LinkedIn Faces $5 Million Lawsuit After Password Breach
Modernizing Authentication — What It Takes to Transform Secure Access
LinkedIn is the target of a $5 million class-action suit that claims the social networking site s data security measures were ineffective, resulting in about 6.5 million user passwords being stolen by a hacker.
The lawsuit, filed in U.S. District Court in Northern California on behalf of Illinois resident Katie Szpyrka, claims that while LinkedIn says it protects personally identifiable information (PII) with industry-standard practices and protocol, it failed to follow through with basic steps. Specifically, the company, which has about 120 million users, used a technique called hashing to encrypt information, but failed to add a second layer called salting.
LinkedIn not only used an outdated hashing technique, but also, storing users passwords in hashed format without first salting the passwords runs afoul of conventional data protection methods, and poses significant risks to the users data, according to claims in the 23-page lawsuit, which was filed June 18.
LinkedIn used a hash-based encryption technique called SHA-1, which is considered by some experts as being safer than MD5, but still flawed, especially if not accompanied by salting.
Industry standards require at least the additional process of adding salt to a password before running it through a hashing function a process whereby random values are combined with a password before the text is input into a hashing function, the lawsuit claims. This procedure drastically increases the difficulty of deciphering the resulting encrypted password.
More common practice is to salt the passwords before inputting them into a hash function, then to salt the resulting hash value, and again run the hash value through a hashing function. Finally, that fully encrypted password is stored on a separate and secure server apart from all other user information.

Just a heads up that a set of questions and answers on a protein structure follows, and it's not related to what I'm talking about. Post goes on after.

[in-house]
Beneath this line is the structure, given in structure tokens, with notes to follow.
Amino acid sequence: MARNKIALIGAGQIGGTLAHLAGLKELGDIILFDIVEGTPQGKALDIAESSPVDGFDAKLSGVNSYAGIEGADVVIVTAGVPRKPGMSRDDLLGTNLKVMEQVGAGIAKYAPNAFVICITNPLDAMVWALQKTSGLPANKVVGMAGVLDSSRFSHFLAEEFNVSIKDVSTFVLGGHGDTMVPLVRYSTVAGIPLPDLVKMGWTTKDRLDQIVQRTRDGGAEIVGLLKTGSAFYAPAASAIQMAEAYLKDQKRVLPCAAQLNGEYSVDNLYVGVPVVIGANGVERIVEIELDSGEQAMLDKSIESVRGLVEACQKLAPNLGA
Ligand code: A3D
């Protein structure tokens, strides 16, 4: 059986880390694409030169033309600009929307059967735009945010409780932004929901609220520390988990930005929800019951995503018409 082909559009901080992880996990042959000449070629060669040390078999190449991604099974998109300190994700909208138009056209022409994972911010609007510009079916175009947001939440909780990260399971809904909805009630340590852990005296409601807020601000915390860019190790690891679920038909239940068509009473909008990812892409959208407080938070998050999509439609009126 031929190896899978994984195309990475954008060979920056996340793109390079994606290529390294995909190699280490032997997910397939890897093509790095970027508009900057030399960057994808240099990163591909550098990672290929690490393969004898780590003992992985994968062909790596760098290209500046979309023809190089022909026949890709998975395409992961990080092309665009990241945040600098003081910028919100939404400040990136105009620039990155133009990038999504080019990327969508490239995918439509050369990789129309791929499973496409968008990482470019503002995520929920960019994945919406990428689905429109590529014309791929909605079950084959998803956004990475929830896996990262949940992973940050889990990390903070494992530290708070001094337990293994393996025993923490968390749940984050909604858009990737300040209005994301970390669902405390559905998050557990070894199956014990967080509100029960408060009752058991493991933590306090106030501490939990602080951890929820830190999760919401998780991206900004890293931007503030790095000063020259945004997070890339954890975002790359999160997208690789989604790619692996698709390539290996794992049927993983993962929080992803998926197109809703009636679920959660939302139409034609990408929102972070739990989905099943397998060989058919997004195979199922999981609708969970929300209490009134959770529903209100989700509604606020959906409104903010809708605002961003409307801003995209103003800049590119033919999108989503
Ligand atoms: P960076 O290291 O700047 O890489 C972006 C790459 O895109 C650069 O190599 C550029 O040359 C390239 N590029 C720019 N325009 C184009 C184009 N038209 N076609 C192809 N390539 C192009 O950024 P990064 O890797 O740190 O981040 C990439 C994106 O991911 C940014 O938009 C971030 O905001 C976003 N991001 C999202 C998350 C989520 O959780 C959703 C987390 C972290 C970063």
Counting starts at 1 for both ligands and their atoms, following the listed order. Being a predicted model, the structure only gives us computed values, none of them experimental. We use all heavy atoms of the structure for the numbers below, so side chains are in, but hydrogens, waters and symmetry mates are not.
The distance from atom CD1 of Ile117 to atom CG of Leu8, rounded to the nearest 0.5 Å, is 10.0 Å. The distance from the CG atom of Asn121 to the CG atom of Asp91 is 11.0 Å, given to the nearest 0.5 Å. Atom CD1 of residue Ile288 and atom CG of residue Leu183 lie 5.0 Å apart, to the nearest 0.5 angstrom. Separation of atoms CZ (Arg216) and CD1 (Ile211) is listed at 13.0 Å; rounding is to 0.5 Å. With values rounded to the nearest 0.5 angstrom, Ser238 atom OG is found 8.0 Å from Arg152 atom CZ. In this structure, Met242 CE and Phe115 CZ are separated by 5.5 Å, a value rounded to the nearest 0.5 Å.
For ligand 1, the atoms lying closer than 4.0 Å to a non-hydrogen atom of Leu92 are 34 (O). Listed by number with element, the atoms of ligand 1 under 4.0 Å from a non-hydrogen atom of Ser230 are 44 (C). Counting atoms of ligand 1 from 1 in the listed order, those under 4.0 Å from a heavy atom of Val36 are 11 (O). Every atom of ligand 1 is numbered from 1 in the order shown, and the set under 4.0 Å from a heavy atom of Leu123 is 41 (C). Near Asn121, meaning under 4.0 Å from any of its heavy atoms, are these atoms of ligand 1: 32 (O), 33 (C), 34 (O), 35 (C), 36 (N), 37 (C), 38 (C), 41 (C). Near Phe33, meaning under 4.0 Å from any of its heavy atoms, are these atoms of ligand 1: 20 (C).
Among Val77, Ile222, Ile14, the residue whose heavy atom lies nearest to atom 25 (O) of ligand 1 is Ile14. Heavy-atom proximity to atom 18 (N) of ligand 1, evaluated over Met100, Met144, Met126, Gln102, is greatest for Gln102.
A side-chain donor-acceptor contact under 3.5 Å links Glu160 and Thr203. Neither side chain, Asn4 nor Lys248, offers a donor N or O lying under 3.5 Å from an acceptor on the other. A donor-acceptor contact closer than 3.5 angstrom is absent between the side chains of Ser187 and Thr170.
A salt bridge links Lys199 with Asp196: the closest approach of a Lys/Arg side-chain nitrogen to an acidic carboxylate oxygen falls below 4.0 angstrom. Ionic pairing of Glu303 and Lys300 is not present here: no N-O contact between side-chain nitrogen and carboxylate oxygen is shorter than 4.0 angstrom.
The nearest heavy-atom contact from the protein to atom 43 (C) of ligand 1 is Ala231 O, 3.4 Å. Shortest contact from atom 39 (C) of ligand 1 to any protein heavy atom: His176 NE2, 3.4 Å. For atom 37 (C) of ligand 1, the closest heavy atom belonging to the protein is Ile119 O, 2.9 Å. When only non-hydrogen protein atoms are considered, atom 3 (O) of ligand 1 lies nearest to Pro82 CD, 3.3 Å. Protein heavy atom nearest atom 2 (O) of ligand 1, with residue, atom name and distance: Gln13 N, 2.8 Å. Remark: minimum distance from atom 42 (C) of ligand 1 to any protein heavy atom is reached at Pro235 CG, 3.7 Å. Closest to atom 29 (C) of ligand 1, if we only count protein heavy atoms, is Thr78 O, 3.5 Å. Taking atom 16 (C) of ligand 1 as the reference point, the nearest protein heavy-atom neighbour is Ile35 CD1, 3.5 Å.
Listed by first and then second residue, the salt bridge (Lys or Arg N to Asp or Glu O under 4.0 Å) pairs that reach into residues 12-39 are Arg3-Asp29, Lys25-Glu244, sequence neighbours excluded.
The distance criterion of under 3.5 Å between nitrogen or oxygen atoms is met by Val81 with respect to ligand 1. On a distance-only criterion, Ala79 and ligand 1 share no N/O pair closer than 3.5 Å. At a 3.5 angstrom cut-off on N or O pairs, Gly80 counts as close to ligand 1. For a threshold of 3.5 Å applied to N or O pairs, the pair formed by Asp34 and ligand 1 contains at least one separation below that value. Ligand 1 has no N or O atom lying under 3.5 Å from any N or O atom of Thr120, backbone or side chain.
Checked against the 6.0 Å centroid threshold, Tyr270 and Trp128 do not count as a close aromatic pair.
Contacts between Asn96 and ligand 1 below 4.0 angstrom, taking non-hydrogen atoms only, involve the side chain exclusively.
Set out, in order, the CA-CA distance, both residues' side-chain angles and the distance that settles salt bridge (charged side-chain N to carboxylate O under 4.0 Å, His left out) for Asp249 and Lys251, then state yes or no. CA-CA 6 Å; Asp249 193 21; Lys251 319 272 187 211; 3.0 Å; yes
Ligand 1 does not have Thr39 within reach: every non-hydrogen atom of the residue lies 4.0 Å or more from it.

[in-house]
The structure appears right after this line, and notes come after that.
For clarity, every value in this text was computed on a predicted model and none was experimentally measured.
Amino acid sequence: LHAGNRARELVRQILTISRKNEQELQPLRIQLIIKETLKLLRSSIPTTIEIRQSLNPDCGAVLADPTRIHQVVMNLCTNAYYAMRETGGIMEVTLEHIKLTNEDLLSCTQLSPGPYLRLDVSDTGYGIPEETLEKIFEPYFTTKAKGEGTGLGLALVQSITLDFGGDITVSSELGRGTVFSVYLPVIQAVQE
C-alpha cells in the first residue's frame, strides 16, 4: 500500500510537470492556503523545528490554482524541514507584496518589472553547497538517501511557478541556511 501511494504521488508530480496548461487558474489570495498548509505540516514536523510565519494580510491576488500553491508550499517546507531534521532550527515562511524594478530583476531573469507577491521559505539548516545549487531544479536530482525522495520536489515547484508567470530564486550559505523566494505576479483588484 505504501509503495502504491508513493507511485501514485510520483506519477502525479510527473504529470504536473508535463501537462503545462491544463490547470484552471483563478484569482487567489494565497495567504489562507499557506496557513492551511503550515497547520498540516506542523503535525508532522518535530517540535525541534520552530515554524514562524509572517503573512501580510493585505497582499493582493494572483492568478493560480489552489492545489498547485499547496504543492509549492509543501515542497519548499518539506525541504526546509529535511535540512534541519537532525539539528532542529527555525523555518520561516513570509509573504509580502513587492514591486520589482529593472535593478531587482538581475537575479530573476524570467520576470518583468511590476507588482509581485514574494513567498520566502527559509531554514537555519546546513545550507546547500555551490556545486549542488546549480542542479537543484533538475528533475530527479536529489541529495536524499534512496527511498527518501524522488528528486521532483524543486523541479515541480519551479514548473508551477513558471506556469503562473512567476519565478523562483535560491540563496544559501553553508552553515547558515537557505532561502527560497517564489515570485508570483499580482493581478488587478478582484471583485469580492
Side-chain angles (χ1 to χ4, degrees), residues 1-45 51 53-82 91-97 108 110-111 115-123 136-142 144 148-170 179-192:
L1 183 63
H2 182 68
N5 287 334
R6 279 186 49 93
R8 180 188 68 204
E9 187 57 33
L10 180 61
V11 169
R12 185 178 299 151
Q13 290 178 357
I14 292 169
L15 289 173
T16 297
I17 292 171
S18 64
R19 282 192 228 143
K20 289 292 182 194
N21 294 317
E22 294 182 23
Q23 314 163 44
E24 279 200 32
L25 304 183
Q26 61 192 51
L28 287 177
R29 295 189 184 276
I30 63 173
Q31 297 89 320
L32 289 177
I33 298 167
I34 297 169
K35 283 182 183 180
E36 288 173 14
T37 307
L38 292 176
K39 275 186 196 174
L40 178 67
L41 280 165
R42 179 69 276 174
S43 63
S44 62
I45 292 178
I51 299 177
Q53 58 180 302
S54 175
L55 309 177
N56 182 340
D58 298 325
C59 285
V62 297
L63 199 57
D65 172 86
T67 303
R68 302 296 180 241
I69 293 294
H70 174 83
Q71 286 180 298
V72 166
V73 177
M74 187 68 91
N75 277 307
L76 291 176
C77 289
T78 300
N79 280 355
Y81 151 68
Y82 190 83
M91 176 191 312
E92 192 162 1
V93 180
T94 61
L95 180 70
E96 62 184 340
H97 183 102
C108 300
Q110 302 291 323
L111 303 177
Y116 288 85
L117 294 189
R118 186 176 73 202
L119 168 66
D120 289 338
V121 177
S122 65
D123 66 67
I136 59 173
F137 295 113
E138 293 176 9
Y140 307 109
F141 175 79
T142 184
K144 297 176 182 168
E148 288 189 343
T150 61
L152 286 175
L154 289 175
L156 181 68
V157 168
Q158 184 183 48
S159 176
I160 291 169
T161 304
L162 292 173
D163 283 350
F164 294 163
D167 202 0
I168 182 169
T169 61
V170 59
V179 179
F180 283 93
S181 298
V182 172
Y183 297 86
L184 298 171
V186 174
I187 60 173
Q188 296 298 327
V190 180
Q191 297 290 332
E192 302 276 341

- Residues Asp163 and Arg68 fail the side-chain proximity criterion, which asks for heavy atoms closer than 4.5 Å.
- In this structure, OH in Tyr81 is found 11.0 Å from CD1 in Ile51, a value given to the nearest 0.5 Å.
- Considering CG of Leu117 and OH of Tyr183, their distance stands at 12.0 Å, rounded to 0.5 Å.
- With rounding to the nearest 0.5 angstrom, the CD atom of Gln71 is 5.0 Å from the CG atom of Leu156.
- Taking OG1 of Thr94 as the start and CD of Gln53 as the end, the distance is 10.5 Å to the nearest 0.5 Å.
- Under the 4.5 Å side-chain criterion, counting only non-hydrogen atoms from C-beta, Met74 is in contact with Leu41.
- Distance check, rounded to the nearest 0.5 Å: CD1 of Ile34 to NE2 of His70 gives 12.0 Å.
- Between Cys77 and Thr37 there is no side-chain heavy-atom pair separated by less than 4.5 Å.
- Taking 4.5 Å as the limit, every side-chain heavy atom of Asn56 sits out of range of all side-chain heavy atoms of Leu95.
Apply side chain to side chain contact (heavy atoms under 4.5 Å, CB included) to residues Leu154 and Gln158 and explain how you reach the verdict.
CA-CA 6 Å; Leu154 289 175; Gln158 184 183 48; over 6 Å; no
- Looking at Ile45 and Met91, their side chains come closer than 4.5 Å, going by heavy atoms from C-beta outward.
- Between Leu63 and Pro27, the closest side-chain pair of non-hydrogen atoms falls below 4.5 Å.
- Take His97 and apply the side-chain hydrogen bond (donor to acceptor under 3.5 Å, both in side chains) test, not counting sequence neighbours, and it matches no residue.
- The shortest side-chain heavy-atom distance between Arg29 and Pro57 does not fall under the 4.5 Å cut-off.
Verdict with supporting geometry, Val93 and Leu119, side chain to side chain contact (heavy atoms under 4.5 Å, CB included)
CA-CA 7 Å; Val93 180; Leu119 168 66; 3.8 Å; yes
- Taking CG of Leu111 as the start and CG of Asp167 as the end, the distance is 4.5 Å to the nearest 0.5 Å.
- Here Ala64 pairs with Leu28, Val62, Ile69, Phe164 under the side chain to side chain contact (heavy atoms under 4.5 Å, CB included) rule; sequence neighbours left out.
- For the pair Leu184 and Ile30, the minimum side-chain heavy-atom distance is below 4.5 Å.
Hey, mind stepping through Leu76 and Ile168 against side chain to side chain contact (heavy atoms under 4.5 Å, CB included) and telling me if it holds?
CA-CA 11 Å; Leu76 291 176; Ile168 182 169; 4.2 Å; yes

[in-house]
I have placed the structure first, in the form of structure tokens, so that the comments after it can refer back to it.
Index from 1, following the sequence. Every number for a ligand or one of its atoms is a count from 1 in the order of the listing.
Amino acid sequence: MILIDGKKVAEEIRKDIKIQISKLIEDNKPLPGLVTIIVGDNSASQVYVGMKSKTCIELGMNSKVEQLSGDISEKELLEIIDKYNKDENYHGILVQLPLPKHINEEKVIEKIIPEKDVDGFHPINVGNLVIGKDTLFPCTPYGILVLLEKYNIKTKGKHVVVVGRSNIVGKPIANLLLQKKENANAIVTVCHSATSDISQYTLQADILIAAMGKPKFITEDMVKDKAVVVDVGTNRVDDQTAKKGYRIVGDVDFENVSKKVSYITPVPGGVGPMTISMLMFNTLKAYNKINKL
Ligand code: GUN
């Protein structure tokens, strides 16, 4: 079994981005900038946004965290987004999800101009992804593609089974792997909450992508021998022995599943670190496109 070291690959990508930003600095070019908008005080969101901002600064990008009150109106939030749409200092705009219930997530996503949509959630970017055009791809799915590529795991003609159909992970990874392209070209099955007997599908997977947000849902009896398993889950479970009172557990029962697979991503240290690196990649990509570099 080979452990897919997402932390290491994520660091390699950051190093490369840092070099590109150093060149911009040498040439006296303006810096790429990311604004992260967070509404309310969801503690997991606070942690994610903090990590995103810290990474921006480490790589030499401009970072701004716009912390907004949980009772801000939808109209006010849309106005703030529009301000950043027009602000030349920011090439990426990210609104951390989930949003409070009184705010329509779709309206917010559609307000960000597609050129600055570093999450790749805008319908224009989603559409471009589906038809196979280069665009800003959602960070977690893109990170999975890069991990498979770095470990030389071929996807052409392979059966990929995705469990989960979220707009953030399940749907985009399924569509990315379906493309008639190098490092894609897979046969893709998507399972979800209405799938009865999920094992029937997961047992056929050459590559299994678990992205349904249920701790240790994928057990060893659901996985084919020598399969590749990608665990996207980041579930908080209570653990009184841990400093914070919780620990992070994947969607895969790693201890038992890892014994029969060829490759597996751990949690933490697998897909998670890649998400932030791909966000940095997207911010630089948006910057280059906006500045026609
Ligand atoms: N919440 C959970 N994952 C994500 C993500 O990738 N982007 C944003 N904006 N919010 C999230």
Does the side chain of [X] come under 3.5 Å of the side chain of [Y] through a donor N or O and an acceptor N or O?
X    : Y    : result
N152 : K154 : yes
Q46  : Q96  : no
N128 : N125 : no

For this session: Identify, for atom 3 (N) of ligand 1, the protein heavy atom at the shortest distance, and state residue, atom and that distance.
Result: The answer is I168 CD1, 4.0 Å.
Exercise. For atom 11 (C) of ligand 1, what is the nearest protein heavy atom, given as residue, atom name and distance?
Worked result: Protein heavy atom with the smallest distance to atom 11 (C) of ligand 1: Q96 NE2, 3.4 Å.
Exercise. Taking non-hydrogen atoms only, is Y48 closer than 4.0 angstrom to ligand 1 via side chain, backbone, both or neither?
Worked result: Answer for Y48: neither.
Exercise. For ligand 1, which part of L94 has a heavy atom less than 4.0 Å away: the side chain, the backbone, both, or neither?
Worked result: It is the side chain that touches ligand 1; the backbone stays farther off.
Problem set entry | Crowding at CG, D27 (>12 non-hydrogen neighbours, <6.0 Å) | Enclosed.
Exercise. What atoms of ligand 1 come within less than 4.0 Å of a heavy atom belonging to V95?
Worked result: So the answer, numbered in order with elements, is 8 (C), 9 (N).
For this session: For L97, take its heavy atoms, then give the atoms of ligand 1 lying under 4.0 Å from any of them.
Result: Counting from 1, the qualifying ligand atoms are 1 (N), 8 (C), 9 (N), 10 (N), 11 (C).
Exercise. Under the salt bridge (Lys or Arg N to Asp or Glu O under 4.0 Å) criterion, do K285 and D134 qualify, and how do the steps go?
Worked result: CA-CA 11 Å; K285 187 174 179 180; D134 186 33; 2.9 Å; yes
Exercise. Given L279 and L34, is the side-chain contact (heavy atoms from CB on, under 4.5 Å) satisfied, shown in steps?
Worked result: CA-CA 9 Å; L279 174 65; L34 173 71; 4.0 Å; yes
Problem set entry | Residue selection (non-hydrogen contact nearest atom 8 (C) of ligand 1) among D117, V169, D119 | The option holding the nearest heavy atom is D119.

LinkedIn's data security procedures fall well short of this level of security, the lawsuit claims.
The stolen information came to light June 6, when a hacker posted the hashed passwords to an online password cracking forum. According to security consulting firm KoreLogic, almost 80 percent the passwords have been encrypted, and users should expect that their passwords will be leaked. In statements and blog postings over the past two weeks, LinkedIn officials have said that they have not seen evidence that any users have been harmed by the breach, and assured users that they were improving the security of the information they hold, including using the salting technique to strengthen the hashed data.
"Again, we are not aware of any member information being published at any time in connection with the list of stolen passwords," Vicente Silveira, a director at LinkedIn, said in a June 9 blog post. The only information published was the passwords themselves.
In response to the lawsuit, LinkedIn spokesperson Erin O'Harra told Reuters that there was no merit to the lawsuit, which was filed "by lawyers looking to take advantage of the situation. No member account has been breached as a result of the incident, and we have no reason to believe that any LinkedIn member has been injured."